Governance Indicators; Regional Economic Development; Rural Poverty Reduction; Economic Theory & Research; Agricultural Research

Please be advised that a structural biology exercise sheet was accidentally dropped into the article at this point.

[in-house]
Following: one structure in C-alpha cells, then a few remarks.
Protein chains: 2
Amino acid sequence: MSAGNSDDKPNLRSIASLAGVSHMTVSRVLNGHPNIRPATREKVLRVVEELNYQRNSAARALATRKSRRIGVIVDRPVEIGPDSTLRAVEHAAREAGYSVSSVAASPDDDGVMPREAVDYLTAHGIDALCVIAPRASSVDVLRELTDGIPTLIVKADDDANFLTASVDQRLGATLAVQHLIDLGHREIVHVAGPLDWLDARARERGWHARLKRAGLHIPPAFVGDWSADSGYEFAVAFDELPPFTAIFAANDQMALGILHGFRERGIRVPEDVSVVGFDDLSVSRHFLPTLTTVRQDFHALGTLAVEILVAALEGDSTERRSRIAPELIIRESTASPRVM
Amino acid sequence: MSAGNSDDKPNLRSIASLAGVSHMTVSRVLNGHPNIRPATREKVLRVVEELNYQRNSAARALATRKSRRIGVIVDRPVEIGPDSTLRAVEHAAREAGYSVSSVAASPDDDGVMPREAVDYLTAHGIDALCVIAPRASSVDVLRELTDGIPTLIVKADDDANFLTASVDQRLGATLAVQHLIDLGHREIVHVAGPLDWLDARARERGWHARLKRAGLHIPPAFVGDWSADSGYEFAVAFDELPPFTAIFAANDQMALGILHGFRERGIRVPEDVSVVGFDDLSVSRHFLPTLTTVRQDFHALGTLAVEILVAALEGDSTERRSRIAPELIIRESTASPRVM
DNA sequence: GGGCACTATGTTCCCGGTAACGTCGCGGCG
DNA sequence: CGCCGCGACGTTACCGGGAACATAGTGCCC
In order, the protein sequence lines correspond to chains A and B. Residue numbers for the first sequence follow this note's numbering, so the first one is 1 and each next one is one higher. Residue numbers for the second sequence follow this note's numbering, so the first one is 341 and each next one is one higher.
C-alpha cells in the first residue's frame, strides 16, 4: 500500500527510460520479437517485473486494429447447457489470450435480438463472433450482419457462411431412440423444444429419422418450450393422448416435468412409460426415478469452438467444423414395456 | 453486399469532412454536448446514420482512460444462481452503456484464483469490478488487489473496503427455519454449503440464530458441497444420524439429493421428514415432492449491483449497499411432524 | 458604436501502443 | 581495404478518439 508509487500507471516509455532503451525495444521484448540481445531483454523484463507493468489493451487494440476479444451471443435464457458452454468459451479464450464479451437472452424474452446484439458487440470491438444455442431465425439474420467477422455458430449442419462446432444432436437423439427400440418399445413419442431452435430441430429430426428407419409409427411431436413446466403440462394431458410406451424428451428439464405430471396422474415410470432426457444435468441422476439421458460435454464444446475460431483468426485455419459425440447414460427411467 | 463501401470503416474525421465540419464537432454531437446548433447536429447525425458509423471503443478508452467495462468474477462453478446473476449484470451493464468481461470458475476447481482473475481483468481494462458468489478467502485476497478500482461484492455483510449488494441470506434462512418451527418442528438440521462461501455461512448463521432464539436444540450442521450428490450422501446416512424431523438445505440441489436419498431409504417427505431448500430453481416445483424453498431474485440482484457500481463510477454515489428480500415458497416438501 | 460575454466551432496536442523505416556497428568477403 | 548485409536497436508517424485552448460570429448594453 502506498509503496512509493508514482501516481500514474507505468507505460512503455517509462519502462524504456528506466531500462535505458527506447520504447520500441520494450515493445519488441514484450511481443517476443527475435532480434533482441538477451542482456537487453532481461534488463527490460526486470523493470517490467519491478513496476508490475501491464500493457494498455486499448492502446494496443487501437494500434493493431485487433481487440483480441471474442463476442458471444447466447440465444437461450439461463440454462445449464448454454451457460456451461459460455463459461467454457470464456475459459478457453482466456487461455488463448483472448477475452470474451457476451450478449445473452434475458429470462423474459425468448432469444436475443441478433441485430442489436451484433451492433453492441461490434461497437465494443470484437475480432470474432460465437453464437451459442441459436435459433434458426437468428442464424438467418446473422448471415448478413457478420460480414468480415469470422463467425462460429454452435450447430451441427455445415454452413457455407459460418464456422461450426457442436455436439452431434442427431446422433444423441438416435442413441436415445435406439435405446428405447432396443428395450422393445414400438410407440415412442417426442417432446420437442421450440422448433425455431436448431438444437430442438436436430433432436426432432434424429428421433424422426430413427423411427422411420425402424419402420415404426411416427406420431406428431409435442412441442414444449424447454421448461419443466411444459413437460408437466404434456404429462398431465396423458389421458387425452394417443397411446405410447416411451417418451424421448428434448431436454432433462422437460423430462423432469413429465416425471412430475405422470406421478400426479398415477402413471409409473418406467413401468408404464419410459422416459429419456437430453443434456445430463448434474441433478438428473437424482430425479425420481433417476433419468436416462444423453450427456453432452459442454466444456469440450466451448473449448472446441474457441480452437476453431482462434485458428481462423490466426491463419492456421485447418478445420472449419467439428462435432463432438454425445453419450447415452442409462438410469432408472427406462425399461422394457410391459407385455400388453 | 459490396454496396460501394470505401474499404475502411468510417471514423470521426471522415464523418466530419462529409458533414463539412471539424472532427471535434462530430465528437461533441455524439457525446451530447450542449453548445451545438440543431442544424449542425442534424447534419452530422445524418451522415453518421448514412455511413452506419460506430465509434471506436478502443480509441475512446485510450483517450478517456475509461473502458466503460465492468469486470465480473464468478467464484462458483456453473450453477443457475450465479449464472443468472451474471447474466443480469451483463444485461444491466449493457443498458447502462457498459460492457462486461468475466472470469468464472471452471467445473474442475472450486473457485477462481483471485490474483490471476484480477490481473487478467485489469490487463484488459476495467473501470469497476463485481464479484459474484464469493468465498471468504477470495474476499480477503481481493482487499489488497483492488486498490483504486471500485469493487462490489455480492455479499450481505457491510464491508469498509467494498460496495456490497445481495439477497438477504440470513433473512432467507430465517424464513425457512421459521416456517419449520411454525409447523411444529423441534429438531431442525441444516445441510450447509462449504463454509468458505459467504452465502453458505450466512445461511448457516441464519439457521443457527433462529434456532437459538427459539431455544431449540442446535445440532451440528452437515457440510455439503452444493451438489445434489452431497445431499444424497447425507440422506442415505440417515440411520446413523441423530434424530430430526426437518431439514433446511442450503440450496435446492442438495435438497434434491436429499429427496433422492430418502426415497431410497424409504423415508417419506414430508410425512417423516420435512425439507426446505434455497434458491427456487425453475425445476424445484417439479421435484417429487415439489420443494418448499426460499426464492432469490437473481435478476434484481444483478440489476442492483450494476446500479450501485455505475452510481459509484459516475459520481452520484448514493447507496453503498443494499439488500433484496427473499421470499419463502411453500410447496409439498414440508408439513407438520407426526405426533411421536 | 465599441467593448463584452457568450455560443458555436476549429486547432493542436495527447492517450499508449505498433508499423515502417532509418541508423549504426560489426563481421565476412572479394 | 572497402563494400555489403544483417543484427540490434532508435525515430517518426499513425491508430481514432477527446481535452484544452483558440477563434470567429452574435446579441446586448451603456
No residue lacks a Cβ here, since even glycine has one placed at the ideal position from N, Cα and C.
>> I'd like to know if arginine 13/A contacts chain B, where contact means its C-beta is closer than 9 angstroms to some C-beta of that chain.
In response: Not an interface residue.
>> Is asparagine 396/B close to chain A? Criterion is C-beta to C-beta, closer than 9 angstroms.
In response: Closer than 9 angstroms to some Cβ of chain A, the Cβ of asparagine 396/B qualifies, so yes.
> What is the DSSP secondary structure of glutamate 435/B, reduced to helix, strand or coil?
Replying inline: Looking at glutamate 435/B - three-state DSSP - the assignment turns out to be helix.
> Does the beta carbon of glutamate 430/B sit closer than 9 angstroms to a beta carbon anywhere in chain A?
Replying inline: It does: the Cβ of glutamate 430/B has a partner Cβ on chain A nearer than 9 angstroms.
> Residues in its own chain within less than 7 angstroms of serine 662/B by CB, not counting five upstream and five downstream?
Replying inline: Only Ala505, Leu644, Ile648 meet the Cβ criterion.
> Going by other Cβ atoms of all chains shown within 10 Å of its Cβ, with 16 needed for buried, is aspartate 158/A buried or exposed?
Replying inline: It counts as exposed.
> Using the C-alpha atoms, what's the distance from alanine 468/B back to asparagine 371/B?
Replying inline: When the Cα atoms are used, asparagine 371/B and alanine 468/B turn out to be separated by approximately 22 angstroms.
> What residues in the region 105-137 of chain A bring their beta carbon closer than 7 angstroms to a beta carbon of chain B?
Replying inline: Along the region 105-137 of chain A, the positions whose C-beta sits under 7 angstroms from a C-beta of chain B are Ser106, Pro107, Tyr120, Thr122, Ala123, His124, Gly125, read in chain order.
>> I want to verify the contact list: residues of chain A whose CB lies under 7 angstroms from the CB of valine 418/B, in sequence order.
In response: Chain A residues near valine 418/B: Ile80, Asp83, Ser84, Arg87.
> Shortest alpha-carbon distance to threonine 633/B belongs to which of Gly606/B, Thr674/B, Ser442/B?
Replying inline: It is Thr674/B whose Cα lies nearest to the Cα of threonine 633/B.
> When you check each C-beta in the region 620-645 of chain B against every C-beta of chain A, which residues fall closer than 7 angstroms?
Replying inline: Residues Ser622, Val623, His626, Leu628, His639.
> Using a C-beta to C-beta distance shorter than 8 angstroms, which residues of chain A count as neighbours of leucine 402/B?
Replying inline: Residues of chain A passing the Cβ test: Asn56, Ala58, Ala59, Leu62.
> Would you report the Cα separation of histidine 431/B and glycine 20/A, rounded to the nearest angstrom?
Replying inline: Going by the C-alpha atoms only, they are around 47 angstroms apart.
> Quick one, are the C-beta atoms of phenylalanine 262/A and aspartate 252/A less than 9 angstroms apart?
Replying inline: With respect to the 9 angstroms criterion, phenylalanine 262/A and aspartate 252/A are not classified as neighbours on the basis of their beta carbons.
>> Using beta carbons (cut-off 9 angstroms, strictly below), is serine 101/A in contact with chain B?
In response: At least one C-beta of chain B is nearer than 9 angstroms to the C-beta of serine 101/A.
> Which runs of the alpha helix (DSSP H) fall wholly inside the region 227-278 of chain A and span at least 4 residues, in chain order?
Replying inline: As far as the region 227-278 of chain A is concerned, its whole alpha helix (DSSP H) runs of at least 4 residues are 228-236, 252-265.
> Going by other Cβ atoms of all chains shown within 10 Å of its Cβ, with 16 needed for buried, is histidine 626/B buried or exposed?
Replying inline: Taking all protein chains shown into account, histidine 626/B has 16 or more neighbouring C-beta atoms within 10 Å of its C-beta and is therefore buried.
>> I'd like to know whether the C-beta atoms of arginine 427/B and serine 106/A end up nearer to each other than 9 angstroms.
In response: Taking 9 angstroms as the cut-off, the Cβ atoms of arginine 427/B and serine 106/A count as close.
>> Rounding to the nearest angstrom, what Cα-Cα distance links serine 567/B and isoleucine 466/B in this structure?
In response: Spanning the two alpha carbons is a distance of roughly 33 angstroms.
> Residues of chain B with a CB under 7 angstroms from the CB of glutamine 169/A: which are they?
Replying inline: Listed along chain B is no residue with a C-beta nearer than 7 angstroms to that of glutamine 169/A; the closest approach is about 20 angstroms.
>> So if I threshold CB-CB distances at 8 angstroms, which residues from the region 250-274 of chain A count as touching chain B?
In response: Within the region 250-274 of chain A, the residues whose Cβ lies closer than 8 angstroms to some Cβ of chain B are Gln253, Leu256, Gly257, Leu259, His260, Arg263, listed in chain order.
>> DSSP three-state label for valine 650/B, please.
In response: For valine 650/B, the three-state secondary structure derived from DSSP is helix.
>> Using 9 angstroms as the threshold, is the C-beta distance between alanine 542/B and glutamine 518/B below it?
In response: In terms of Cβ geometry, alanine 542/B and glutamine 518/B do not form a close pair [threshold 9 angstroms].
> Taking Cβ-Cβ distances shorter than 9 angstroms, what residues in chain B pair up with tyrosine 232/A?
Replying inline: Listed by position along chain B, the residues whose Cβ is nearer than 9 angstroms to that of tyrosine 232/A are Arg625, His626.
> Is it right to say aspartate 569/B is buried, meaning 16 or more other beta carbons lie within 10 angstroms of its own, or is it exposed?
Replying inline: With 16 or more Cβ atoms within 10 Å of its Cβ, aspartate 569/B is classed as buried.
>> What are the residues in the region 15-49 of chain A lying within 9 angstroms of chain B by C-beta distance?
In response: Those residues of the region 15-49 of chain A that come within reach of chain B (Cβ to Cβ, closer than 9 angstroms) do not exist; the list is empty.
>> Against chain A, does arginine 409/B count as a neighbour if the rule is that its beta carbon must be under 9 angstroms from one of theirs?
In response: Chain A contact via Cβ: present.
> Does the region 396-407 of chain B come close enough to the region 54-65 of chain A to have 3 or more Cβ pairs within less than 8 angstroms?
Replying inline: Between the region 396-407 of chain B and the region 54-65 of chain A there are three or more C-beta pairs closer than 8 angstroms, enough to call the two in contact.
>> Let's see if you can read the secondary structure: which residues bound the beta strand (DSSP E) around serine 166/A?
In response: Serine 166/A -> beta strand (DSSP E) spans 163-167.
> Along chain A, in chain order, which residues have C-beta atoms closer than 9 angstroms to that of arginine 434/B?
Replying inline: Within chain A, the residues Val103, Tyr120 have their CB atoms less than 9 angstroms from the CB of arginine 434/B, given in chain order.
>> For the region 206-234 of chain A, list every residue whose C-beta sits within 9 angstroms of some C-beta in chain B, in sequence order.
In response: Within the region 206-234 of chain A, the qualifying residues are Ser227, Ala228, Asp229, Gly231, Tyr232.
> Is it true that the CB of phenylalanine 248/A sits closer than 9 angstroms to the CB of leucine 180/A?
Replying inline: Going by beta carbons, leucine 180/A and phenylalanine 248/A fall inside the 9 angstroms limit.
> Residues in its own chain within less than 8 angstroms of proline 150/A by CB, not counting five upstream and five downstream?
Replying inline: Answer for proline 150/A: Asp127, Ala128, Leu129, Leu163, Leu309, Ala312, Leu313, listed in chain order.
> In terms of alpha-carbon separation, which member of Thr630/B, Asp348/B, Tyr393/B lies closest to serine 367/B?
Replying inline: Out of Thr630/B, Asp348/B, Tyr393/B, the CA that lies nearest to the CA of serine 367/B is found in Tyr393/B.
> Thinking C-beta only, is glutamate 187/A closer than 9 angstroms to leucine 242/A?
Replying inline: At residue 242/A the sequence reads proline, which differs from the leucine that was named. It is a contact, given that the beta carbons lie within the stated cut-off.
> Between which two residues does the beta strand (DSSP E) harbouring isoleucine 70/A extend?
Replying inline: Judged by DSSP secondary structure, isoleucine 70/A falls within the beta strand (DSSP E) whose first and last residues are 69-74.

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Summary: The British finally granted independence to India in 1947 but the British India was divided into two independent states, India and Pakistan, in the acrimonious process of granting independence. Twenty four years after this landmark episode, another dramatic episode occurred in 1971 in the sub-continent's history that saw the emergence of another independent state, the People's Republic of Bangladesh. The same people, who played a vigorous role in the struggle for Pakistan, became desperate to separate from West Pakistan to emerge as an independent nation. Even though the population of East Pakistan was larger than the population of West Pakistan, usurpation of political power by the West through military and dictatorial governments resulted in egregious economic discriminations against the people of East Pakistan. The average per capita income in East Pakistan in 1948-50 was only about 3 percent lower than per capita income in West Pakistan. The income of the people of Bangladesh was stagnant during the Pakistani era. Poverty was widespread. The war of independence caused extensive damage to infrastructure and interrupted economic relations. Poverty level further widened as well as deepened. People, who did not sympathies with the emergence of Bangladesh as an independent country, expressed explicit as well as implicit doubt on the viability of this new country. This book provides an analysis of long-term transformation of the e c o n o m y, particularly for agriculture and rural development, since independence. Thus the book fills a gap arising from the change in planning approach and enables Bangladesh to look at transformation during the last 3 decades and develop a vision for the coming decades in the area of agriculture and rural development. Past progress has been phenomenal, particularly when viewed within the background of dismal initial conditions. But, though the general direction of policies has been right, there are many deficiencies in the areas of institutional, infrastructural, technological, and political developments. The progress would have been even faster without these deficiencies. However, what matters now are the future prospects if these deficiencies are not corrected in the coming years. Bangladesh is at the crossroad of the trajectory towards the status of a middle-income economy. Without the corrective measures at this stage, the possibility of economy missing the upward trajectory is very real.
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